The idea of refusing to play Zion music leads to the next stanza, where a single “I” is speaking, not “we.” The “I” addresses Jerusalem (aka Zion) like a single person, female, and confirms that they have not forgotten her and still know how to play music for her. The speaker swears a self-curse, that if they forget Jerusalem, they’ll forget how to play for anyone altogether. The single “I,” the direct address to Jerusalem, and the oath make the stanza real personal and intimate, like lovers, a scene you’ve seen a hundred times. That’s the effect, what it does, how it works. By the way, the Hebrew doesn’t mean the right hand should “wither” or anything like it, definitely to “forget” — how to play. I don’t know what some other sleuths are thinking.

The two themes of Jerusalem and remembering lead to the third stanza. In this stanza, you can’t tell who is talking, “I” still or “we” again. But now the speaker talks directly to Yahweh, and demands that he remember how the Edomites were calling for Jerusalem to be razed completely, which implies taking revenge.

The image of Jerusalem’s destruction and the idea of revenge lead to the final stanza. The “we” returns and now speaks to Babylon, addressing her as a daughter (namely, a young woman) — a rival of Jerusalem. The speakers gloat that the table has turned, things have come full circle. Babylon destroyed Jerusalem, but now Babylon is destroyed. And whereas Judea has a population that lives on in Babylon, Babylon should have no continuity whatsoever.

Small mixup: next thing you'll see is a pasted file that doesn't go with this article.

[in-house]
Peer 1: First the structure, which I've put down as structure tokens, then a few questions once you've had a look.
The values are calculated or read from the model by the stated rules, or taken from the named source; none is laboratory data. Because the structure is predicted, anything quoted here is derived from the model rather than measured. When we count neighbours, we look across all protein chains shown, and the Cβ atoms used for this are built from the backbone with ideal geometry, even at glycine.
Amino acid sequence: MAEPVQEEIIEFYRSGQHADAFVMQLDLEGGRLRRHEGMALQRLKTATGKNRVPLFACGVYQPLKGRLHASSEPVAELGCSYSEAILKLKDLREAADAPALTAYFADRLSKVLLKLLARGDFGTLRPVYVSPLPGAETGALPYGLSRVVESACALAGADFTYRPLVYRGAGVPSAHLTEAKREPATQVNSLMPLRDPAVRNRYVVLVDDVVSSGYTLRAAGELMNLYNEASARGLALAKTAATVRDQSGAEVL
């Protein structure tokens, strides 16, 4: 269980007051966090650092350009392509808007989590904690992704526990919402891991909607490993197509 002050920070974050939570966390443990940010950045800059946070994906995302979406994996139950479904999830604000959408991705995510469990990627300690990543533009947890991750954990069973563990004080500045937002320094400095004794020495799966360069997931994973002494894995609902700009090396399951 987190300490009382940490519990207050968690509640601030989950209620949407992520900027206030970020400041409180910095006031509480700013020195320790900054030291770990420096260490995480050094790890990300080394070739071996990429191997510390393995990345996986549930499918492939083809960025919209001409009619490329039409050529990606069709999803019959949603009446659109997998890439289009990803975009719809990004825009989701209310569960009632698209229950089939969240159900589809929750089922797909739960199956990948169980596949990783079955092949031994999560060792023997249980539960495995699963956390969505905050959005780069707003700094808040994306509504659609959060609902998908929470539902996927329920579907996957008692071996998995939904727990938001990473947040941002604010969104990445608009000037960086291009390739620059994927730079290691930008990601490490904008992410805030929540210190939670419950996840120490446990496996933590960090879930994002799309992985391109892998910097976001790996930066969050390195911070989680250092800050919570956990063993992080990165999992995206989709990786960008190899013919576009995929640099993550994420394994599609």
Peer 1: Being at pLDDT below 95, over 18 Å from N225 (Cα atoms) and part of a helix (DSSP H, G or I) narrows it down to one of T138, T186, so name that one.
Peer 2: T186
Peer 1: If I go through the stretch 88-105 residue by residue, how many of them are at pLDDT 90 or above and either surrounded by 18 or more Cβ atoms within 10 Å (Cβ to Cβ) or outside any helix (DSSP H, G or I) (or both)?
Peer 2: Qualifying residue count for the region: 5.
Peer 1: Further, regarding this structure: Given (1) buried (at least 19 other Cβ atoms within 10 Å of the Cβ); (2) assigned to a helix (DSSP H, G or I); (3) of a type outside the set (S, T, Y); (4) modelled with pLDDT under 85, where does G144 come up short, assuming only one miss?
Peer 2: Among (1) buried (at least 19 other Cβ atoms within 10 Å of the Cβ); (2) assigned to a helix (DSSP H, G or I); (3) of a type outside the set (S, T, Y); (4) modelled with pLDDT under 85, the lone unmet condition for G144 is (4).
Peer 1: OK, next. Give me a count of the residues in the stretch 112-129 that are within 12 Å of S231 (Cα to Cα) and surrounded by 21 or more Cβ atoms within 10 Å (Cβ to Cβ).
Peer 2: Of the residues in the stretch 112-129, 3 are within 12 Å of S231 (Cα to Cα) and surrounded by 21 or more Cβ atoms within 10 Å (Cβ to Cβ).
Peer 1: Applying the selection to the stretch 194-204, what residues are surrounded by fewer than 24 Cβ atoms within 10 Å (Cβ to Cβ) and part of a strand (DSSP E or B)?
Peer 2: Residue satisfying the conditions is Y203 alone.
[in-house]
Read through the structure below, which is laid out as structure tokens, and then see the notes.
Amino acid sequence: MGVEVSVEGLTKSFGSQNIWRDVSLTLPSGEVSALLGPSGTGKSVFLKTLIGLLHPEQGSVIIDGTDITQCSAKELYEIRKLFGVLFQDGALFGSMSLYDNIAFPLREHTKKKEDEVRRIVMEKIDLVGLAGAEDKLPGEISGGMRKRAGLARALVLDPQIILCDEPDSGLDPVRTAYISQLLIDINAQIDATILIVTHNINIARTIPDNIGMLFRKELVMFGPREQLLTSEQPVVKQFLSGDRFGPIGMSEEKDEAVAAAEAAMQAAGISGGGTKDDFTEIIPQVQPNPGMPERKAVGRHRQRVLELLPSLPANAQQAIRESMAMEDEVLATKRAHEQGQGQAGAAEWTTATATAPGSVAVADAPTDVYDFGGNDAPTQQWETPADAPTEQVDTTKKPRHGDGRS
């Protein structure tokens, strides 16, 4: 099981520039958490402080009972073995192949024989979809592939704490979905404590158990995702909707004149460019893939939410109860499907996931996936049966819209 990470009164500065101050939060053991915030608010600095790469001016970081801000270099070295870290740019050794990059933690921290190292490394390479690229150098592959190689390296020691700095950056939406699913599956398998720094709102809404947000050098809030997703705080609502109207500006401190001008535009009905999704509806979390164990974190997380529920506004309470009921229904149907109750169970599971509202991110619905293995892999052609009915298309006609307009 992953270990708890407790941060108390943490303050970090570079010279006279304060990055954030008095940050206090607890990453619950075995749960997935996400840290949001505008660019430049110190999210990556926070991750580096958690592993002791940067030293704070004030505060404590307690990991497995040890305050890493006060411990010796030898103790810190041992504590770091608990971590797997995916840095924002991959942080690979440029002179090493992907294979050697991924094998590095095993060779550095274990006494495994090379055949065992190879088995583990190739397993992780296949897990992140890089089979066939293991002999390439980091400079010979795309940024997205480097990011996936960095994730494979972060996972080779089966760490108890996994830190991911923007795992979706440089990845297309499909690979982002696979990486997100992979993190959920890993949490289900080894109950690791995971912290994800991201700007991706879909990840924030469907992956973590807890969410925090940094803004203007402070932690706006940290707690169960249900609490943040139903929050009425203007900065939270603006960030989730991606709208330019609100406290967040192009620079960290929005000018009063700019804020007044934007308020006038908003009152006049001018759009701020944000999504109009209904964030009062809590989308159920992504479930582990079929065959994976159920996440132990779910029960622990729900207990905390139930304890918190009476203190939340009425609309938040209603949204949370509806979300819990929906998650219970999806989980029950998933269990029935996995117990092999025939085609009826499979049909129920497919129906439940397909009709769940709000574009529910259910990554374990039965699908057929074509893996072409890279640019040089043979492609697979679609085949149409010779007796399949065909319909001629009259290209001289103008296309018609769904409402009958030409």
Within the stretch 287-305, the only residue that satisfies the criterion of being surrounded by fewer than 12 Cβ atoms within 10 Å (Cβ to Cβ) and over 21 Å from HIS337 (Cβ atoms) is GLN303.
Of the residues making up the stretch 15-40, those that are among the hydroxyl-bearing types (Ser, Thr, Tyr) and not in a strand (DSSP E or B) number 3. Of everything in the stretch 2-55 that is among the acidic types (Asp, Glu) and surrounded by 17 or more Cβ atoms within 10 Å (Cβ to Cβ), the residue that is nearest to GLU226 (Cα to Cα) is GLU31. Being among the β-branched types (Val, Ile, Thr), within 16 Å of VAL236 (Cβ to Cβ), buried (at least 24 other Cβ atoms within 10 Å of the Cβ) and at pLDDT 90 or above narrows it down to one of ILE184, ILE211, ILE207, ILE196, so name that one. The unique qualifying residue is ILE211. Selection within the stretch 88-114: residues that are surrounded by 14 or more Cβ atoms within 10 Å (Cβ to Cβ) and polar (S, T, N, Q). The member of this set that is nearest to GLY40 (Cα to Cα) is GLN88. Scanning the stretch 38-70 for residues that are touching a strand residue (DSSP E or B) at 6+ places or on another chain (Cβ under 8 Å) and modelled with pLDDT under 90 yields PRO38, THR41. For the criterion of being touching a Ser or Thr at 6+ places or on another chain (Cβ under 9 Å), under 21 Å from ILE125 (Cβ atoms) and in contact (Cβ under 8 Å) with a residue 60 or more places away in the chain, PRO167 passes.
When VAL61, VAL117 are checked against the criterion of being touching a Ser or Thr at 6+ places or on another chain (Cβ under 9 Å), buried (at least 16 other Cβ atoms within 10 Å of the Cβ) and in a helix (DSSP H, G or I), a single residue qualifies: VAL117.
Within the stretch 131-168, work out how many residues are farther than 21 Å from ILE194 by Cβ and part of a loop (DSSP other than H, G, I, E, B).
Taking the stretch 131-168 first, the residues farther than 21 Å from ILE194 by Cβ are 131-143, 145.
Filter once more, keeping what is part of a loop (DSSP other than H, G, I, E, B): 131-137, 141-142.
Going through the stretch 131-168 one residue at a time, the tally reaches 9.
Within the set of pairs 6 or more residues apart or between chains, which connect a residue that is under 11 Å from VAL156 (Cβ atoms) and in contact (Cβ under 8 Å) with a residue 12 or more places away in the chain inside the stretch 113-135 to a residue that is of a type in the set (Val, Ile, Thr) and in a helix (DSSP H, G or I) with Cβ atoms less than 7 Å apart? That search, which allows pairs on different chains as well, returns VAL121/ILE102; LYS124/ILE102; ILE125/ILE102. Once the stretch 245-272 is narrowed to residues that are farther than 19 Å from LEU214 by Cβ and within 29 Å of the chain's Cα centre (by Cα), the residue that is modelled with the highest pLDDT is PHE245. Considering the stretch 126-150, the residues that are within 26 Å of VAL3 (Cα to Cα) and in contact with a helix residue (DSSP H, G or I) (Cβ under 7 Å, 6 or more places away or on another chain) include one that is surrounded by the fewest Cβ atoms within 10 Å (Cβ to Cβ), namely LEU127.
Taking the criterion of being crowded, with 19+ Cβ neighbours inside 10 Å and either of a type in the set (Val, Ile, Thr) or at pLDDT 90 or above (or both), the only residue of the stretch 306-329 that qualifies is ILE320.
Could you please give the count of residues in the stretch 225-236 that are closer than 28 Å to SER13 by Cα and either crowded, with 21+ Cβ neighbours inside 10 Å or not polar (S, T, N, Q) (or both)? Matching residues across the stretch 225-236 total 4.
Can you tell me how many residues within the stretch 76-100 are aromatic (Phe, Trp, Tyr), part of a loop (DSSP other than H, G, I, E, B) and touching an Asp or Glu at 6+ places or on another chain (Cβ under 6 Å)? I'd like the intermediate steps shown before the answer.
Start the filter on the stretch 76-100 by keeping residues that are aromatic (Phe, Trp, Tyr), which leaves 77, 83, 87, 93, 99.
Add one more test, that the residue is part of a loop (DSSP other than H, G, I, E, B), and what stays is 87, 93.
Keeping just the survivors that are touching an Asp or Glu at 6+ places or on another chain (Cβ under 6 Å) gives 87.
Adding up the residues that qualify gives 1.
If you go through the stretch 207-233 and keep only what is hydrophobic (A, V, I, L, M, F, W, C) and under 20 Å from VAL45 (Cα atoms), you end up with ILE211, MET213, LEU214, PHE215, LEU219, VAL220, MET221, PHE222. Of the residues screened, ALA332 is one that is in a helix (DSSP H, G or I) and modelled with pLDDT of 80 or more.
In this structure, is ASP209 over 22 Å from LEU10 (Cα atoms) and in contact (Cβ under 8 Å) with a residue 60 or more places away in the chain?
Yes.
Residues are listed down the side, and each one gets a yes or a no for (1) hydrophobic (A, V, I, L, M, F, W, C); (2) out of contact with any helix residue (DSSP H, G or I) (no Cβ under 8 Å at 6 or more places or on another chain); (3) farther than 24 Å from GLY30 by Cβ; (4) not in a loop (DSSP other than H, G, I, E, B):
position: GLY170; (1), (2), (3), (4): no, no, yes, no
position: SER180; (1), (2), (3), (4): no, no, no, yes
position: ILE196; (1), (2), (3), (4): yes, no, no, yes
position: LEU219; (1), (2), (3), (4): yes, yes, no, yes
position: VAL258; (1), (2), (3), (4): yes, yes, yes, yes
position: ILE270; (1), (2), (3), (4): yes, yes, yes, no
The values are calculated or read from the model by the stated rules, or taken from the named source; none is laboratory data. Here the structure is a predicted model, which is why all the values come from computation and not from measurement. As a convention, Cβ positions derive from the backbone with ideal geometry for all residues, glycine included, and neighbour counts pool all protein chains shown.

One last point you might appreciate. The poem is up front about portraying memory and hope; but underneath it also portrays what they both depend on, time, and how it works. Each stanza has a different way of representing time. In stanza 1, the speakers keep going backwards in time. They start out in the past (crying and remembering Zion), then explain what came before that (hanging up their lyres), then what came before that (captors demanding Zion songs), then explain the whole with a timeless feeling (how could we do such a thing). In stanza 2, the speaker talks about the future, but a future that shouldn’t happen (a self-curse about forgetting Jerusalem). In stanza 3, the speaker talks about the past again and the future (Yahweh should remember what the Edomites did). And the final stanza talks about the future again (the joy of whoever fully destroys Babylon). Each one and all of them together show that feelings and time have a tangled up relationship.